Even then, it wouldn’t be the most obvious example of central bank club cosiness. Also in the running for the IMF role is the current ECB boss Mario Draghi.

Yes, that would be a straightforward job swap with Lagarde. The world’s financial elite would be clapping their hands with glee. In their view, the ‘system’ would remain in safe hands.

The real problem

And here’s my beef with all this self-congratulatory central bank club cronyism.

No doubt all the names that I’ve listed today can claim that they’ve done a wonderful job in times of economic and financial turmoil. Such as ‘sorting out’ the mess caused by the cataclysmic events of a decade ago.

But the real issue here is that the root cause of the 2007-2009 Great Financial Crisis (GFC) – huge bad debts – was created by central bank strategies in the first place.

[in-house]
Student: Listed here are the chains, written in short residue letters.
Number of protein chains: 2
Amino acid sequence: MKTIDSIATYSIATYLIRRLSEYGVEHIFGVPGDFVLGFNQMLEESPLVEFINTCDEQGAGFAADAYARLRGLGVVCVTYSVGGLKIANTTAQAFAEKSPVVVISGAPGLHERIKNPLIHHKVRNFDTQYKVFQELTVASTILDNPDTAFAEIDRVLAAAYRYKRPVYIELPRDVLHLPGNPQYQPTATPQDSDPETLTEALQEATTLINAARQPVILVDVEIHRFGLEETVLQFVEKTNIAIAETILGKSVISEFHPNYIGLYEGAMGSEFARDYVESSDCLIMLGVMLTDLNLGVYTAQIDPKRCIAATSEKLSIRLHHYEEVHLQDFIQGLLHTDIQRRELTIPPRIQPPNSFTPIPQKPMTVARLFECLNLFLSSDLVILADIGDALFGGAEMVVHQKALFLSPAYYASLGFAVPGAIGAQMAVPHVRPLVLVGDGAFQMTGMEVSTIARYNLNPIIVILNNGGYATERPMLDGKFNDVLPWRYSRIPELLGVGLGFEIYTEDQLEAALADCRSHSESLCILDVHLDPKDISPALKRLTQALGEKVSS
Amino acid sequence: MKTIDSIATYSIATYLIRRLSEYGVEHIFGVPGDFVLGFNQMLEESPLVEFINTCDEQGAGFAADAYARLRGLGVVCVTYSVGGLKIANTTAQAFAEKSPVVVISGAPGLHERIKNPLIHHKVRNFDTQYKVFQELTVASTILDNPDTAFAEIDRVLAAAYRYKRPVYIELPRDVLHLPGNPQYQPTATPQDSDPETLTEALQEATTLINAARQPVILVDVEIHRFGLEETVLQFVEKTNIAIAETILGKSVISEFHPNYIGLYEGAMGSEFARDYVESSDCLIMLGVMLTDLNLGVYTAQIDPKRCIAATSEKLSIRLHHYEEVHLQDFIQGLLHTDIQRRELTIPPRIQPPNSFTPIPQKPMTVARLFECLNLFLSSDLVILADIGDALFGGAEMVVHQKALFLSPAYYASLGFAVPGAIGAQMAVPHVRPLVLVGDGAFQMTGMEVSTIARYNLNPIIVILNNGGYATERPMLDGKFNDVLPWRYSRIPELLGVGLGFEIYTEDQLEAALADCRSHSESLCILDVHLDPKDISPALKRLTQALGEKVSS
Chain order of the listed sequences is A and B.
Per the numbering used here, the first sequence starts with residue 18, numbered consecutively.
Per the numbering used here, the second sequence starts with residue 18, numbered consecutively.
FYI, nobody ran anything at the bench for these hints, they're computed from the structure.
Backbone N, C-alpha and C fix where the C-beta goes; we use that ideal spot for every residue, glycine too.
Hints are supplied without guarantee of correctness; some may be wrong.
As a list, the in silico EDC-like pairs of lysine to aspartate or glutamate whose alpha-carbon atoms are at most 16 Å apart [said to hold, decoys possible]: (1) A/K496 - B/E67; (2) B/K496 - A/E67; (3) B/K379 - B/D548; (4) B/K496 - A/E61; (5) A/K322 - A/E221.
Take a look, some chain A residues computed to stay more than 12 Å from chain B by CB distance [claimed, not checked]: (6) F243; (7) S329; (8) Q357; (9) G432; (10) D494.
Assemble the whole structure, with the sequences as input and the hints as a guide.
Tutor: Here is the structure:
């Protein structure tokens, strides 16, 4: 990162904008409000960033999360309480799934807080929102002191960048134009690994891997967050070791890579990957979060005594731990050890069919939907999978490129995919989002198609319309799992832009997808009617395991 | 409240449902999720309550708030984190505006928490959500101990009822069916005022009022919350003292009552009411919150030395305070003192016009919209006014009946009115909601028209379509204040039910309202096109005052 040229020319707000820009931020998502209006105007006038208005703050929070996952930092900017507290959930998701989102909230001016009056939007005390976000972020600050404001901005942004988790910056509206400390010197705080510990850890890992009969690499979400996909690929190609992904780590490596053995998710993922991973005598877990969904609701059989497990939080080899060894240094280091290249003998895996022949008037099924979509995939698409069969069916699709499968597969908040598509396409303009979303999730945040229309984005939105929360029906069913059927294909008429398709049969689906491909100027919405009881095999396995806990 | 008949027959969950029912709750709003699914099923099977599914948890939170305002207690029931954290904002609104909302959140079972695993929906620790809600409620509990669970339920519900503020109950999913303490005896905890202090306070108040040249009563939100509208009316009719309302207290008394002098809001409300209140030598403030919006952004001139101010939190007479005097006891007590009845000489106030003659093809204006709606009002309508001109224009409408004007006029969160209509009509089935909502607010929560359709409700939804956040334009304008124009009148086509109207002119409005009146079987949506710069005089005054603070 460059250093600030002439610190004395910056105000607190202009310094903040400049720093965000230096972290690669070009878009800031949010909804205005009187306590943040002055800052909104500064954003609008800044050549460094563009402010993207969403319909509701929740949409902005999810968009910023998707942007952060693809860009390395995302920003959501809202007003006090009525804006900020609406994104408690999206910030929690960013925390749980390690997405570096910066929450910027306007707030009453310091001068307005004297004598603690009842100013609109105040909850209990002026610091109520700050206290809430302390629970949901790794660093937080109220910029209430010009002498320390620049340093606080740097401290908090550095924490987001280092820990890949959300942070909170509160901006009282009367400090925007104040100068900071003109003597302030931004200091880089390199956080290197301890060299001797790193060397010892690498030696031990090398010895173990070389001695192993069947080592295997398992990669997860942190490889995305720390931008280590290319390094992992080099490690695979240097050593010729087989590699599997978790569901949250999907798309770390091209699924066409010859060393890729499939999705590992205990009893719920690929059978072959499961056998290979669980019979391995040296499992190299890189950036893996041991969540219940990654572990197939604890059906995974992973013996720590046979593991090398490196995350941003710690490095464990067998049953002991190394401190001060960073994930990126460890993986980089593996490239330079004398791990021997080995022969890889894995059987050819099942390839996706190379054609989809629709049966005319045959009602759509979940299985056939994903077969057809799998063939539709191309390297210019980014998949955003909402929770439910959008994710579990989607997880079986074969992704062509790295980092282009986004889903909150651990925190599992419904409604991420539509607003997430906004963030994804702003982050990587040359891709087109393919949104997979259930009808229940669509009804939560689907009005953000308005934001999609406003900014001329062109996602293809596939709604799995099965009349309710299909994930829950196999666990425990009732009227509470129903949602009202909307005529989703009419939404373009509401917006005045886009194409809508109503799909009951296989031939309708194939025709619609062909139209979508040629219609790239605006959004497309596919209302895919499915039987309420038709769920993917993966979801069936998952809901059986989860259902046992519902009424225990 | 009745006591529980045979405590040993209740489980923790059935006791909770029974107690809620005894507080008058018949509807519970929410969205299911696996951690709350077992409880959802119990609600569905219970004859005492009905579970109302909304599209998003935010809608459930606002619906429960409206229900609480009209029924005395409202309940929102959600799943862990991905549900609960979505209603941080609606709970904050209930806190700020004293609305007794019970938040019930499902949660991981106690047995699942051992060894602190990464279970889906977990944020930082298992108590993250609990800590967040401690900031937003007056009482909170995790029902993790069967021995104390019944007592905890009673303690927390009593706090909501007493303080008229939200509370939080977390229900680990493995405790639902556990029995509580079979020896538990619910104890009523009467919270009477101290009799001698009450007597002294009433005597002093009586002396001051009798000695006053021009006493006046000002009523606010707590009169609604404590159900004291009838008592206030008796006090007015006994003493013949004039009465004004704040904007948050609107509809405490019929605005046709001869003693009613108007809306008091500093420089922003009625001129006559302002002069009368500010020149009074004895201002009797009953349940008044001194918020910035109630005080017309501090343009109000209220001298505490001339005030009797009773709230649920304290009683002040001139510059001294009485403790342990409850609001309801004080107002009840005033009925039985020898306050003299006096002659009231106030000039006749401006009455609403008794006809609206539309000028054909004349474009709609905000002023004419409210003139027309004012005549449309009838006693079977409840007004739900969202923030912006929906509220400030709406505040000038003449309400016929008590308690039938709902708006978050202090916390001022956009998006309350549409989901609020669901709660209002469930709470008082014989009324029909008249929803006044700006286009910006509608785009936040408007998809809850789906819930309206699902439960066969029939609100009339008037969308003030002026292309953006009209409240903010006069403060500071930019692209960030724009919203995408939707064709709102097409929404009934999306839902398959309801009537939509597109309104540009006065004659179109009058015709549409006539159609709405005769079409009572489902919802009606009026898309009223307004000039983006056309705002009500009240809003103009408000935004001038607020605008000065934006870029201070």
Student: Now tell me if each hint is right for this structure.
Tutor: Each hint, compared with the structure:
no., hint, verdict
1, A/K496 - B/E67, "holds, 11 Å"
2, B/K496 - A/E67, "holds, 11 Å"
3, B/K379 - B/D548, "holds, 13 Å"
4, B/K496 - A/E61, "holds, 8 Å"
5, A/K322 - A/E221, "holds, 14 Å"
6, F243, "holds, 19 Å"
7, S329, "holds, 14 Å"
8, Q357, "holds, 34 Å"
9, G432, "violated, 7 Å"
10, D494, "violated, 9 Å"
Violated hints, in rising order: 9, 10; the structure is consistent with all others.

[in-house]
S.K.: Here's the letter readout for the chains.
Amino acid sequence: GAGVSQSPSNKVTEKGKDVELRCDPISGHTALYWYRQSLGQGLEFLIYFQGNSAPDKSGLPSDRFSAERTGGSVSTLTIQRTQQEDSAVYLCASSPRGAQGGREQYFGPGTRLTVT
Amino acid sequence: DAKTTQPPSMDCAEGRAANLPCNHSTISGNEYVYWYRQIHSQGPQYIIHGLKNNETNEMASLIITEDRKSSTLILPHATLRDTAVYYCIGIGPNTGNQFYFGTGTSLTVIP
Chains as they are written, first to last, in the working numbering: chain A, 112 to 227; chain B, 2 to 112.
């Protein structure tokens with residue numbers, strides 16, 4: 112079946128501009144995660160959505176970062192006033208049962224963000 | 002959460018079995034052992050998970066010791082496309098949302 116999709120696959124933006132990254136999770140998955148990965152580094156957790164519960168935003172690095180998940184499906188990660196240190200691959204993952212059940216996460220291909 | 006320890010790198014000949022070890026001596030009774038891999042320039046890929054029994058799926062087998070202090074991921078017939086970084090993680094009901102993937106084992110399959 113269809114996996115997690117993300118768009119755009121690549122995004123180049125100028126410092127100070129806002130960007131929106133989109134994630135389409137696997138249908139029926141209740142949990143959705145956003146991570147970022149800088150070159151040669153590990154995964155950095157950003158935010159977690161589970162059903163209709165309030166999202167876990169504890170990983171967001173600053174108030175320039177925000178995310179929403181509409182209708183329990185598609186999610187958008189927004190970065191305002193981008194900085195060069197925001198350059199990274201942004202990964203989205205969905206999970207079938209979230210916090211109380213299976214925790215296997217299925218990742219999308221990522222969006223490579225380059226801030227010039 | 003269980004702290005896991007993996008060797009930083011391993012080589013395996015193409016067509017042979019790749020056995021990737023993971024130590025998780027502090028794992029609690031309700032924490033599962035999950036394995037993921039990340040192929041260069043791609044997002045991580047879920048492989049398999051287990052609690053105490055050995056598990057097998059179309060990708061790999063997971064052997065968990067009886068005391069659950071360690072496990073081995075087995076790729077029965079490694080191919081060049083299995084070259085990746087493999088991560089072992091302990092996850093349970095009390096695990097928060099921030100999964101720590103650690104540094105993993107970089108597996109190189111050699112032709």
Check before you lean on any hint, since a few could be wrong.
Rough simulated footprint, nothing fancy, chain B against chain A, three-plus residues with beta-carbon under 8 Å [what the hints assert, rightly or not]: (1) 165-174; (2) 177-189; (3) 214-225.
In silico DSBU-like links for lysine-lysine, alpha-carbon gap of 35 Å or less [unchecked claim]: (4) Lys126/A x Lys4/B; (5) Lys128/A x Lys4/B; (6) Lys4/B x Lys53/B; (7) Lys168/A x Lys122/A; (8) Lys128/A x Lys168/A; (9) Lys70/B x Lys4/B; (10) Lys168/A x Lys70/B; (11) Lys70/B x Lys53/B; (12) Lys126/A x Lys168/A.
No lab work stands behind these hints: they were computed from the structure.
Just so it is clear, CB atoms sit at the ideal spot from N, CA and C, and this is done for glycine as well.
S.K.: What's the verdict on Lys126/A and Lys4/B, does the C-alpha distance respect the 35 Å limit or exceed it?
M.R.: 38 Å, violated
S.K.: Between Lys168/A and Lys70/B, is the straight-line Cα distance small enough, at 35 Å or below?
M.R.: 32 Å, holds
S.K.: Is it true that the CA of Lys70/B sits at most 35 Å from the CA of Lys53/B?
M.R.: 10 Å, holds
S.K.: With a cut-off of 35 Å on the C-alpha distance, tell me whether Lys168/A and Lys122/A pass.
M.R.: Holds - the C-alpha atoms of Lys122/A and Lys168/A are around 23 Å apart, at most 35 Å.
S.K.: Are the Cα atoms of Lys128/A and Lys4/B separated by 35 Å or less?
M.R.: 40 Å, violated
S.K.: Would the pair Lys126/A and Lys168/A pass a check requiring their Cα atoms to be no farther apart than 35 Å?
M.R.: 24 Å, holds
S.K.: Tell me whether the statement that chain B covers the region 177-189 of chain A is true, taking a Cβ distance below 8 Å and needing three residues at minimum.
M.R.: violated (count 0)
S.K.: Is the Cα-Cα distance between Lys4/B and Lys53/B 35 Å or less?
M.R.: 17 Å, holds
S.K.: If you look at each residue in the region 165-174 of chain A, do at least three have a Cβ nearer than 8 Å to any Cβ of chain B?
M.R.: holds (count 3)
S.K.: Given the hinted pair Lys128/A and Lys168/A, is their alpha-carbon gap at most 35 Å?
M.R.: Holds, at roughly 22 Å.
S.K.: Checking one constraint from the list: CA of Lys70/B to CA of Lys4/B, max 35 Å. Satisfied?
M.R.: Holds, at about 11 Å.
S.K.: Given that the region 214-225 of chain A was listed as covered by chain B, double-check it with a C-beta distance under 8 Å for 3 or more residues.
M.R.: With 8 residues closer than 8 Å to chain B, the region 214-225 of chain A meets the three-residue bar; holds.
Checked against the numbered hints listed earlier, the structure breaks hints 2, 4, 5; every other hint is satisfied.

So passing the parcel, jobwise, amongst the global financial elite doesn’t do it for me.

Subsequent schemes such as quantitative easing (i.e. debt monetisation/bond yield suppression) haven’t repaired the world economy. They’ve made the rich much richer while those of us who’re trying to generate a decent return from our savings are being clobbered by artificially low interest rates.

I’d like to see some fresh faces with new ideas, e.g. from emerging economies, leading the world’s major financial institutions. In particular, candidates whose solution to every problem isn’t simply ‘let’s print more money’.

That’s unlikely to happen, though. The self-perpetuating central bank club containing only ‘group-think’ globalists is set to keep holding sway. Via ongoing loose monetary policies, it’s now encouraging a much larger worldwide borrowing build-up than it did a decade ago.

The big risk here is a potential repeat of the GFC. But if that transpires, the central bank club response is likely to comprise the same old discredited methods as before. Which could make things a great deal worse for those outside the financial elites…